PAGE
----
My life on a plate - Sir Terence Conran

My life on a plate – Sir Terence Conran

Entrepreneur Sir Terence Conran shares a dish that reminds him of his mum and the roast grouse recipe he would pass on to the next generation.

Entrepreneur Sir Terence Conran studied textile design at the Central School of Art and Design in London. He opened his first restaurant, The Soup Kitchen, in 1953, and since then has launched more than 40 more worldwide. He set up Habitat, the home furnishings company, in 1964, and 10 years later established The Conran Shop in London. He has written many books about his design philosophy. The latest, My Life in Design (£30, Conran Octopus), is out now.


The recipe I grew up with… 

During rationing, cooking was difficult and I was always hungry. I remember my mother’s kedgeree, which we ate as a main meal rather than for breakfast. It was a treat – we had it maybe once a month.

During the Second World War, every bit of food cost a certain number of coupons, but, as I recall, you could get a reasonable lump of haddock with very few. My mother use to do The Times crossword each morning and read a book a day. If middle-class girls back then had been encouraged to have careers, she would’ve been a designer. She ensured that my sister Priscilla and I had a creative upbringing.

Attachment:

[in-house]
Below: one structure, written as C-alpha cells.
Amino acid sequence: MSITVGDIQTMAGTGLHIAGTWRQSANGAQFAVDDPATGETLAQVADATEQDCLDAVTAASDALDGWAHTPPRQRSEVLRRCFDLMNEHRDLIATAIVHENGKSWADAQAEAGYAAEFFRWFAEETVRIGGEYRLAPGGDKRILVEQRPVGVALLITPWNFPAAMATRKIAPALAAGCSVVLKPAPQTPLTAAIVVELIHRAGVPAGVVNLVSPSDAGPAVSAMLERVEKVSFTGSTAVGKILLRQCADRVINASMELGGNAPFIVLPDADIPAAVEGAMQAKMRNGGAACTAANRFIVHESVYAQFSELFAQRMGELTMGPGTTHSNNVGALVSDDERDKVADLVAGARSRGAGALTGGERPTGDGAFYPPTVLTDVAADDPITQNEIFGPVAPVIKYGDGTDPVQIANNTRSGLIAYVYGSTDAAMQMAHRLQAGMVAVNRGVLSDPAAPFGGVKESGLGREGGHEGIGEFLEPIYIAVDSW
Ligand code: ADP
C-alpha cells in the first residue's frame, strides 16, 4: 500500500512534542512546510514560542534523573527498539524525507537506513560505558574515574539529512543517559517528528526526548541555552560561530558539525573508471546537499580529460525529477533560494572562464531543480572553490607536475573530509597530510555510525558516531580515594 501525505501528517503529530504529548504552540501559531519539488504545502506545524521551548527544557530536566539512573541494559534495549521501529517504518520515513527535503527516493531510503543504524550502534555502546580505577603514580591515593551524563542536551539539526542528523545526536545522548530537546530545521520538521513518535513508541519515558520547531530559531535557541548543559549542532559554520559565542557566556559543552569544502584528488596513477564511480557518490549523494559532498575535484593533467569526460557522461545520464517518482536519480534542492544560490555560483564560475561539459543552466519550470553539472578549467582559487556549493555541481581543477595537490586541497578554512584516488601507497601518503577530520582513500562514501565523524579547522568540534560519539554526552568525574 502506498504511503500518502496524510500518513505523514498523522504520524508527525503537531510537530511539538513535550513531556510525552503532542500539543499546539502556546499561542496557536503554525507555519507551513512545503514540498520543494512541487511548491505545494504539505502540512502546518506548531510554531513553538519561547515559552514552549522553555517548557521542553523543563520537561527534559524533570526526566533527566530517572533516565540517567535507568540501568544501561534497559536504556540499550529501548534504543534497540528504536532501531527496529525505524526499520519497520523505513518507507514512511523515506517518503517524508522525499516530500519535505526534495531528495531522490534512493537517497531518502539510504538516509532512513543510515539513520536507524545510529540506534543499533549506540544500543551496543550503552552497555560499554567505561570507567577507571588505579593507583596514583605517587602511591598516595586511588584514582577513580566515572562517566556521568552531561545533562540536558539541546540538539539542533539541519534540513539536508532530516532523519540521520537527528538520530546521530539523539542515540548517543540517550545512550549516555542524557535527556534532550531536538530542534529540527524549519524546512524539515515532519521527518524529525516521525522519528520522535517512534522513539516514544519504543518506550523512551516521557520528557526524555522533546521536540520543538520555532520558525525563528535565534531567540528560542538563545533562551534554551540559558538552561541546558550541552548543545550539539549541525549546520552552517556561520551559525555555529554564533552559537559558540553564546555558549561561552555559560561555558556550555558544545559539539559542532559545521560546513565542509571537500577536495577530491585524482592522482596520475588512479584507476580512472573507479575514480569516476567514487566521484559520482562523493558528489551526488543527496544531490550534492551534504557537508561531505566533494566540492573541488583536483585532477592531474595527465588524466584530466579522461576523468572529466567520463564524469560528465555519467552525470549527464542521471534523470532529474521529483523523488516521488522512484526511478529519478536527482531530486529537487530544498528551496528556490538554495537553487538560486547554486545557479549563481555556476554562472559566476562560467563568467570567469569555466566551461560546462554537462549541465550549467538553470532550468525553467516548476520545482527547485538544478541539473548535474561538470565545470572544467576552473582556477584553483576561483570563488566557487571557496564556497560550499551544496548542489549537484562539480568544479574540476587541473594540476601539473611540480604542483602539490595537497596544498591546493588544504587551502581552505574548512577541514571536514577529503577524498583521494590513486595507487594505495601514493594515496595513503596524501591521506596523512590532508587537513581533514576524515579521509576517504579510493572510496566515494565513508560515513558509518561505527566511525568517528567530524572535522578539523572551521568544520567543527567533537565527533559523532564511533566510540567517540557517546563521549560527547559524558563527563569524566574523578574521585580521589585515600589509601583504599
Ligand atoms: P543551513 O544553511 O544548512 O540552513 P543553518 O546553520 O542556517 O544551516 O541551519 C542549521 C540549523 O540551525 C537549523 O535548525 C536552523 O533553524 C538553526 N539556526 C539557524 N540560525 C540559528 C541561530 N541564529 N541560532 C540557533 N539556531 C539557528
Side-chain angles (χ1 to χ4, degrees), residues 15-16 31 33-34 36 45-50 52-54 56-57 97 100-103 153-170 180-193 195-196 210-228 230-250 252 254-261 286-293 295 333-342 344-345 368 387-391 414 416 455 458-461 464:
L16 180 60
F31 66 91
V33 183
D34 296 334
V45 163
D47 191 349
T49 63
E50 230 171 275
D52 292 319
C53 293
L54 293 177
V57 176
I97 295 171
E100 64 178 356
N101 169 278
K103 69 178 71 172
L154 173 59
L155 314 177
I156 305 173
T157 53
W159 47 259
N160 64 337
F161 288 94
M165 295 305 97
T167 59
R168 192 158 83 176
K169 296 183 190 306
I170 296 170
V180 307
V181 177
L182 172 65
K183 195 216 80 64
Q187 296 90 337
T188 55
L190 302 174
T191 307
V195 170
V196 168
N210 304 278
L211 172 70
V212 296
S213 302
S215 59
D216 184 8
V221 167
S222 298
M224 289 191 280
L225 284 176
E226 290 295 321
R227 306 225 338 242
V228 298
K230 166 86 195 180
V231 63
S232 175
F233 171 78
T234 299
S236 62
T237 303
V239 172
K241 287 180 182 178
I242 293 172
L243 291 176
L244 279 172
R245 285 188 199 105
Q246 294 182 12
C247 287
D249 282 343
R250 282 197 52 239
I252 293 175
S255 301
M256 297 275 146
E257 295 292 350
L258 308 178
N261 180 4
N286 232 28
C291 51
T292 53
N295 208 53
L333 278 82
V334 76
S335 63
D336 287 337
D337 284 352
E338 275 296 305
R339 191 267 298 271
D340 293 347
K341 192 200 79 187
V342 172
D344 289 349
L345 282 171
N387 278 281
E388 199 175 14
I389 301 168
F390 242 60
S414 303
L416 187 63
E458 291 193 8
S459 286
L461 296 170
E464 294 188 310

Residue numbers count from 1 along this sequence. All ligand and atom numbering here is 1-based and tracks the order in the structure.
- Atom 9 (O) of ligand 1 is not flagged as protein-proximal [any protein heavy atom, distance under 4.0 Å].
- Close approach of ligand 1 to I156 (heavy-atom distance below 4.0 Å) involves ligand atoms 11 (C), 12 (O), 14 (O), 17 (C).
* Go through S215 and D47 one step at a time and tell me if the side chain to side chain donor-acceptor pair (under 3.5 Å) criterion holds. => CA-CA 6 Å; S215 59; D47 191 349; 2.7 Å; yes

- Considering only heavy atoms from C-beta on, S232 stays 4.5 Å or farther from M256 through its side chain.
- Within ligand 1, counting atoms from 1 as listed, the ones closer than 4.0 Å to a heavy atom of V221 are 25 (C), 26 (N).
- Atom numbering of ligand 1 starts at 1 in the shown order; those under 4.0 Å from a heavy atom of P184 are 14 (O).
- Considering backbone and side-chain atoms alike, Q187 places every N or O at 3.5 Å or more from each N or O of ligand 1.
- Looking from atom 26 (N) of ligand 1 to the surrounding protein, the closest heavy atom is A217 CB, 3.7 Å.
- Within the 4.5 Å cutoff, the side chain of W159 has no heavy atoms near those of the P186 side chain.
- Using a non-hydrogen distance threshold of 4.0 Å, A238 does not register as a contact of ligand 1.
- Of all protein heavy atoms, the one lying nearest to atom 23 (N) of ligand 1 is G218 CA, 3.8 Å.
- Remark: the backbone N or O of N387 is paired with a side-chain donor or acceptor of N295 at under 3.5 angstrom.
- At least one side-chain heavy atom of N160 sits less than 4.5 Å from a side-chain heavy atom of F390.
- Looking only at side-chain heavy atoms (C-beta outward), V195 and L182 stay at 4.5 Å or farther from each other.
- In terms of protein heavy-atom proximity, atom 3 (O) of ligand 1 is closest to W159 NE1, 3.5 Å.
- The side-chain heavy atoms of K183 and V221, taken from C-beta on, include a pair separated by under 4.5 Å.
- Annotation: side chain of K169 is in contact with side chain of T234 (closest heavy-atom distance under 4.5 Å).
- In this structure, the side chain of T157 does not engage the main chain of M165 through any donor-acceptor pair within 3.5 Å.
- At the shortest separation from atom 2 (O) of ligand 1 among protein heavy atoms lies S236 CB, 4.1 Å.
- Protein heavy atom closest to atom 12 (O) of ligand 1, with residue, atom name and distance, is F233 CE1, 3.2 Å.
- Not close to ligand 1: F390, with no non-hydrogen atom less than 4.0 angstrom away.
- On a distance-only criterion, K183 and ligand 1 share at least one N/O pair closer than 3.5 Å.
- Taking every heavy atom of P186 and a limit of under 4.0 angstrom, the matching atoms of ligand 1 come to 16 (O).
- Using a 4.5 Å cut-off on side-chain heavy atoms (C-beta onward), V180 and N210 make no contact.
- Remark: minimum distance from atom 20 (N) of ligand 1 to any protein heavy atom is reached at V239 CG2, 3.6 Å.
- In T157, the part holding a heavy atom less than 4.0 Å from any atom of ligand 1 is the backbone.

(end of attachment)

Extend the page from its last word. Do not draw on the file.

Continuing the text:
My father drew very well, so I got genes from him too. We lived in an old farmhouse in Hampshire during the war, as the roof of our London home had been blown off. But the Germans found out that there was an arms dump nearby, and one night they saturated the area with incendiary bombs. The farm next door was set alight and German planes started to dive bomb it. We were under the dining room table thinking, ‘It’s going to be us any moment.’ Soon after, I went to live with an aunt in a lovely house in Devon that had a stream, and I learned to fish. Now I own a small group of restaurants in London called Albion, which serve British classics, including kedgeree.

Try out this simple curried haddock kedgeree recipe for a filling family meal.

The recipe I would pass on…

Roast grouse is my favourite treat. I always look forward to the start of the game season – although I don’t shoot myself. I roast the grouse in goose fat for 18 minutes, so that the bird is still fleshy. It’s a pleasure to have a wonderful whole grouse in front of me, knowing it will take almost three-quarters of an hour to get every scrap off the bones. I use the roasting juices to make a red wine gravy. I like it with bread sauce, a salad and a good bottle of burgundy. I serve grouse on porcelain plates with my family crest – a hawk with an olive twig in its beak sitting on two serpents.

The plates come from my father’s side. I own some of the originals, and have had a dozen new ones made. I now have five children, three stepchildren, 12 grandchildren and one or two great grandchildren, and I want to hand this recipe down to them. Some people might say that shooting grouse is antisocial, but roast grouse is one of the best dishes that Yorkshire and Scotland have to offer, and I would very much like to see it preserved.

Try out Sir Terence’s succulent roast grouse recipe for a special Sunday treat.


What are the recipes that remind you of home? Let us know in the comments below…